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5 definitions found

From: DICT.TW English-Chinese Dictionary 英漢字典

 mar·riage /ˈmɛrɪʤ, ˈmærɪʤ/

From: Network Terminology


From: Webster's Revised Unabridged Dictionary (1913)

 Mar·riage n.
 1. The act of marrying, or the state of being married; legal union of a man and a woman for life, as husband and wife; wedlock; matrimony.
    Marriage is honorable in all.   --Heb. xiii. 4.
 2. The marriage vow or contract. [Obs.]
 3. A feast made on the occasion of a marriage.
    The kingdom of heaven is like unto a certain king which made a marriage for his son.   --Matt. xxii. 2.
 4. Any intimate or close union.
 5. In pinochle, bézique, and similar games at cards, the combination of a king and queen of the same suit. If of the trump suit, it is called a royal marriage.
 Marriage brokage. (a) The business of bringing about marriages. (b) The payment made or demanded for the procurement of a marriage.
 Marriage favors, knots of white ribbons, or bunches of white flowers, worn at weddings.
 Marriage settlement Law, a settlement of property in view, and in consideration, of marriage.
 Syn: -- Matrimony; wedlock; wedding; nuptials.
 Usage: -- Marriage, Matrimony, Wedlock. Marriage is properly the act which unites the two parties, and matrimony the state into which they enter. Marriage is, however, often used for the state as well as the act. Wedlock is the old Anglo-Saxon term for matrimony.

From: WordNet (r) 2.0

      n 1: the state of being a married couple voluntarily joined for
           life (or until divorce); "a long and happy marriage";
           "God bless this union" [syn: matrimony, union, spousal
           relationship, wedlock]
      2: two people who are married to each other; "his second
         marriage was happier than the first"; "a married couple
         without love" [syn: married couple, man and wife]
      3: the act of marrying; the nuptial ceremony; "their marriage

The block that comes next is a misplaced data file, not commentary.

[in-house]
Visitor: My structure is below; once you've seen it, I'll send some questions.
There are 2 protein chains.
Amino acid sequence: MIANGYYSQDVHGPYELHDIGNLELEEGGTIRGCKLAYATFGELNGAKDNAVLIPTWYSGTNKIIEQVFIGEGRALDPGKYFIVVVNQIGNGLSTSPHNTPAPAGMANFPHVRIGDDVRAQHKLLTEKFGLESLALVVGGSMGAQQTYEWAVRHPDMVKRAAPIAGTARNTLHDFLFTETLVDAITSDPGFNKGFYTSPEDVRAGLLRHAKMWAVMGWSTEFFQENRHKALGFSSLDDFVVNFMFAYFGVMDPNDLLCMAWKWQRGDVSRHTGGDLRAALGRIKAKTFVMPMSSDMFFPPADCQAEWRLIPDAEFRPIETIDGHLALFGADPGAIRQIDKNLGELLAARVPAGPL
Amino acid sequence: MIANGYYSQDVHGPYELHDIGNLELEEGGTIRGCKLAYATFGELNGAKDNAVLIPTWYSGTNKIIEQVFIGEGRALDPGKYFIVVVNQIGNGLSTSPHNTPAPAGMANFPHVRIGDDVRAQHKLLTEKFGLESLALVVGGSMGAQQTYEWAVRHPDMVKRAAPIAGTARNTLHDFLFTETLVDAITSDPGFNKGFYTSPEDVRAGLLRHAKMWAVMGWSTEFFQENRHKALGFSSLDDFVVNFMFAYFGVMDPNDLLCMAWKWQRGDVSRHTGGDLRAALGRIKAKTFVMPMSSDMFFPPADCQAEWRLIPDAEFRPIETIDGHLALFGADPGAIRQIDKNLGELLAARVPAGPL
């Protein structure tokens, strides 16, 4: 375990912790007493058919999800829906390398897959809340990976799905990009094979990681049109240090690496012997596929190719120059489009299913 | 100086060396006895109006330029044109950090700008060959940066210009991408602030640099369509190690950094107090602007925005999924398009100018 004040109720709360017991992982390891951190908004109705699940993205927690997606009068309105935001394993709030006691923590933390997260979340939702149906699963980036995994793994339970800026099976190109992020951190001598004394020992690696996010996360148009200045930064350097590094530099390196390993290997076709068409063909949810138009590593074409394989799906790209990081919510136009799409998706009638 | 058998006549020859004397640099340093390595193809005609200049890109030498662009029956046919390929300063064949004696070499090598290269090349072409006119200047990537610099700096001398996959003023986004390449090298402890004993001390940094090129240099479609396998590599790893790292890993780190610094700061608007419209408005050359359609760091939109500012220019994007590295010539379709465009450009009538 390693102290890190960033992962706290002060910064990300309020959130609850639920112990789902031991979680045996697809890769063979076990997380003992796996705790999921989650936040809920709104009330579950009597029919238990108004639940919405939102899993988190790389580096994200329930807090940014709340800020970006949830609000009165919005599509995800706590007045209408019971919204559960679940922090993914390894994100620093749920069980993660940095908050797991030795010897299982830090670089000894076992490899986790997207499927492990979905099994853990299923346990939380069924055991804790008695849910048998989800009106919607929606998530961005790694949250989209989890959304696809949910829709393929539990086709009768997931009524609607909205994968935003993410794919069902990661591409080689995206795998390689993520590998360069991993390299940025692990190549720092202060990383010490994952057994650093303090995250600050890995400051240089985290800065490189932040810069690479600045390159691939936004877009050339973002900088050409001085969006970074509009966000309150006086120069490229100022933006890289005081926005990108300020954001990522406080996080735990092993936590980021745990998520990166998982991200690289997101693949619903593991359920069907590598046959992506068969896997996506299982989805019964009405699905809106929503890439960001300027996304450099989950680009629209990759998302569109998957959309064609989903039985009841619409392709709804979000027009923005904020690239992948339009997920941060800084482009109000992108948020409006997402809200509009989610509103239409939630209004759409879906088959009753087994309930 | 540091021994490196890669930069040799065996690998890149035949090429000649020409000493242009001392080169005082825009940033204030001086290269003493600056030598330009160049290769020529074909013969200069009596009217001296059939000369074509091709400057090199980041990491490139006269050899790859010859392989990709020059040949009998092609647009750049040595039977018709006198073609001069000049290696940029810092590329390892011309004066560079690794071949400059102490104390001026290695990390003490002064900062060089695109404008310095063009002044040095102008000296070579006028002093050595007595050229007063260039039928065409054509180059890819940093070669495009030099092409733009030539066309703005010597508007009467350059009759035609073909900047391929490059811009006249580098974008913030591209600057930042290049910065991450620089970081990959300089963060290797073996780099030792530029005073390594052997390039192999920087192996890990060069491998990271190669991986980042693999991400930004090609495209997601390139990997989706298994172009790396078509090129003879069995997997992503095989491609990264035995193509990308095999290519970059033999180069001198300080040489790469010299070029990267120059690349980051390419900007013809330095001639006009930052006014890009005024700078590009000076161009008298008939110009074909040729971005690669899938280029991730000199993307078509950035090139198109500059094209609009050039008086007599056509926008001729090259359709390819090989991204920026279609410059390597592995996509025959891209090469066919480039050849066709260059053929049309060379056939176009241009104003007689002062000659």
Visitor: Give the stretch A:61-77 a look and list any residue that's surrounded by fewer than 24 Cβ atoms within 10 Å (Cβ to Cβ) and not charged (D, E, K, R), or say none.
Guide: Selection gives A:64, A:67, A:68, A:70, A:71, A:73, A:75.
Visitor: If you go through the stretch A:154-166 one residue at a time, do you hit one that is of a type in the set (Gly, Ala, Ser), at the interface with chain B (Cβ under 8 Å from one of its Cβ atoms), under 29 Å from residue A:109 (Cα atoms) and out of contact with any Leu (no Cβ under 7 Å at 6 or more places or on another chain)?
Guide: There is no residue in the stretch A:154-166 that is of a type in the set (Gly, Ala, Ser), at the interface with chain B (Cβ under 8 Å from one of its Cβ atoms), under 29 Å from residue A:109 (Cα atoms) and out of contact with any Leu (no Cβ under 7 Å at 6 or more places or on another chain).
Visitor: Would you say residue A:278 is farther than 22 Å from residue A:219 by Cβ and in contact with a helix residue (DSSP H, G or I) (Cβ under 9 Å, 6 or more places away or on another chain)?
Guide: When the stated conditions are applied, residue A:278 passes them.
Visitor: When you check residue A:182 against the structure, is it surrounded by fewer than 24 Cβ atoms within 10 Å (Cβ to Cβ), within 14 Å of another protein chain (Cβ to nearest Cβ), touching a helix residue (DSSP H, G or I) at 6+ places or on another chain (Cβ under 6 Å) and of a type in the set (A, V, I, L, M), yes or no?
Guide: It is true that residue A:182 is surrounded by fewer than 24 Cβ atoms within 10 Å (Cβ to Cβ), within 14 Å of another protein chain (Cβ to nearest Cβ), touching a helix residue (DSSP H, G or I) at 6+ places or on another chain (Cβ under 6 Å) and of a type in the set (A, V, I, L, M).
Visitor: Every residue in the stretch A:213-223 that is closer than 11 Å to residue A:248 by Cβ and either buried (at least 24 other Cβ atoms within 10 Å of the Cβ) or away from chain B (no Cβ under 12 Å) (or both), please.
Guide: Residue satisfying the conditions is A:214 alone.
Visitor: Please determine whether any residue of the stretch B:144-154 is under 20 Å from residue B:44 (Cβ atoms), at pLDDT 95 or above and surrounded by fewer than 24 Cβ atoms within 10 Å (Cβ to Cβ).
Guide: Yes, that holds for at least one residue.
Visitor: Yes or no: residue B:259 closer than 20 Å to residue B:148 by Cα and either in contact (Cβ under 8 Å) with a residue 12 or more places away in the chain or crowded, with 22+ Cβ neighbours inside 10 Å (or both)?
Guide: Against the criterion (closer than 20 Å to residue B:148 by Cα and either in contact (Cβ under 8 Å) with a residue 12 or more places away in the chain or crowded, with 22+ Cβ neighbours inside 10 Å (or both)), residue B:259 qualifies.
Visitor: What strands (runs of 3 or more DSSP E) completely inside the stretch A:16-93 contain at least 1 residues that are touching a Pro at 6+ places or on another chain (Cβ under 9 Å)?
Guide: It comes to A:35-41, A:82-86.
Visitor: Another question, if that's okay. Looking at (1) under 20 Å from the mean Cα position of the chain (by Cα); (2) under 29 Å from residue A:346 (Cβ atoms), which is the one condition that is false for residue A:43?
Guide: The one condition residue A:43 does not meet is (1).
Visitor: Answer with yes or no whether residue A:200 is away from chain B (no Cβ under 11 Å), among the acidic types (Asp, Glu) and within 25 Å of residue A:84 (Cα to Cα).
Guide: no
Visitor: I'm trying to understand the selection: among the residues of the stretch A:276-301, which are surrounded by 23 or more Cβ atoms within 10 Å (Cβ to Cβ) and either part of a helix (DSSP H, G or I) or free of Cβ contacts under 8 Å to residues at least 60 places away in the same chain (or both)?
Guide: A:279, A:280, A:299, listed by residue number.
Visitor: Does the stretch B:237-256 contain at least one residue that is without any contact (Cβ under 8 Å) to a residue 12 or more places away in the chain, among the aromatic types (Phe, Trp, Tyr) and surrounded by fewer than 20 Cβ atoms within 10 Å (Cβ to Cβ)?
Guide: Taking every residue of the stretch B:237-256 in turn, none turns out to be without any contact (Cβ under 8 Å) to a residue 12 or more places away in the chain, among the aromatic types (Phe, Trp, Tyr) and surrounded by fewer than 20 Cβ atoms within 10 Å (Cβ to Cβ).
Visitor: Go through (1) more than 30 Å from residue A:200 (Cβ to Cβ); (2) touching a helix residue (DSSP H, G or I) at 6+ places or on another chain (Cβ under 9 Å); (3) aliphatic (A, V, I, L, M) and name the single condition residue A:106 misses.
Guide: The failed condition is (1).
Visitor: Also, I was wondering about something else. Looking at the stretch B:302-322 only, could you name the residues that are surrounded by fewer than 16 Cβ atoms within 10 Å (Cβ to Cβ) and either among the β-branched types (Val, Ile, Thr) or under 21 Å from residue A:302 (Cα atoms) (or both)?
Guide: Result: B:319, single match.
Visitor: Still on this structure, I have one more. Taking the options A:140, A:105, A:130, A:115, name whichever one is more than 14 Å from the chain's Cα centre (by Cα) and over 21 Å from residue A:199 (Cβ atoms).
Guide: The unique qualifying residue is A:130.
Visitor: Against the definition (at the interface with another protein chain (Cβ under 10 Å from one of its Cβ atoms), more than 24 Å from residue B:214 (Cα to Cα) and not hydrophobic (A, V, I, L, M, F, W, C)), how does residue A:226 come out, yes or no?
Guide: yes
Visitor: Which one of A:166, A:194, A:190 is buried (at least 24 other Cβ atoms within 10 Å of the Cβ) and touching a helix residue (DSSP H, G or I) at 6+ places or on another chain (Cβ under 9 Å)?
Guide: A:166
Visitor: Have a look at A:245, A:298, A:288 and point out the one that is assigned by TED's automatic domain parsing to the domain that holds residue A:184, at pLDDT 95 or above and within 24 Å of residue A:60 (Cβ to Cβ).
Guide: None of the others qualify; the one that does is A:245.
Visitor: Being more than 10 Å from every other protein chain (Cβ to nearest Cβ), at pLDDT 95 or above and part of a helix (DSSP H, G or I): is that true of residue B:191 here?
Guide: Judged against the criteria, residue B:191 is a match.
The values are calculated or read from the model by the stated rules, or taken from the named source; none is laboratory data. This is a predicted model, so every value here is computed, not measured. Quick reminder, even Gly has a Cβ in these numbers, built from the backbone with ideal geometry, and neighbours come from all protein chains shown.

was conducted in the chapel" [syn: wedding, marriage
      4: a close and intimate union; "the marriage of music and
         dance"; "a marriage of ideas"

From: Easton's 1897 Bible Dictionary

    was instituted in Paradise when man was in innocence (Gen.
    2:18-24). Here we have its original charter, which was confirmed
    by our Lord, as the basis on which all regulations are to be
    framed (Matt. 19:4, 5). It is evident that monogamy was the
    original law of marriage (Matt. 19:5; 1 Cor. 6:16). This law was
    violated in after times, when corrupt usages began to be
    introduced (Gen. 4:19; 6:2). We meet with the prevalence of
    polygamy and concubinage in the patriarchal age (Gen. 16:1-4;
    22:21-24; 28:8, 9; 29:23-30, etc.). Polygamy was acknowledged in
    the Mosaic law and made the basis of legislation, and continued
    to be practised all down through the period of Jewish histroy to
    the Captivity, after which there is no instance of it on record.
      It seems to have been the practice from the beginning for
    fathers to select wives for their sons (Gen. 24:3; 38:6).
    Sometimes also proposals were initiated by the father of the
    maiden (Ex. 2:21). The brothers of the maiden were also
    sometimes consulted (Gen. 24:51; 34:11), but her own consent was
    not required. The young man was bound to give a price to the
    father of the maiden (31:15; 34:12; Ex. 22:16, 17; 1 Sam. 18:23,
    25; Ruth 4:10; Hos. 3:2) On these patriarchal customs the Mosaic
    law made no change.
      In the pre-Mosaic times, when the proposals were accepted and
    the marriage price given, the bridegroom could come at once and
    take away his bride to his own house (Gen. 24:63-67). But in
    general the marriage was celebrated by a feast in the house of
    the bride's parents, to which all friends were invited (29:22,
    27); and on the day of the marriage the bride, concealed under a
    thick veil, was conducted to her future husband's home.
      Our Lord corrected many false notions then existing on the
    subject of marriage (Matt. 22:23-30), and placed it as a divine
    institution on the highest grounds. The apostles state clearly
    and enforce the nuptial duties of husband and wife (Eph.
    5:22-33; Col. 3:18, 19; 1 Pet. 3:1-7). Marriage is said to be
    "honourable" (Heb. 13:4), and the prohibition of it is noted as
    one of the marks of degenerate times (1 Tim. 4:3).
      The marriage relation is used to represent the union between
    God and his people (Isa. 54:5; Jer. 3:1-14; Hos. 2:9, 20). In
    the New Testament the same figure is employed in representing
    the love of Christ to his saints (Eph. 5:25-27). The Church of
    the redeemed is the "Bride, the Lamb's wife" (Rev. 19:7-9).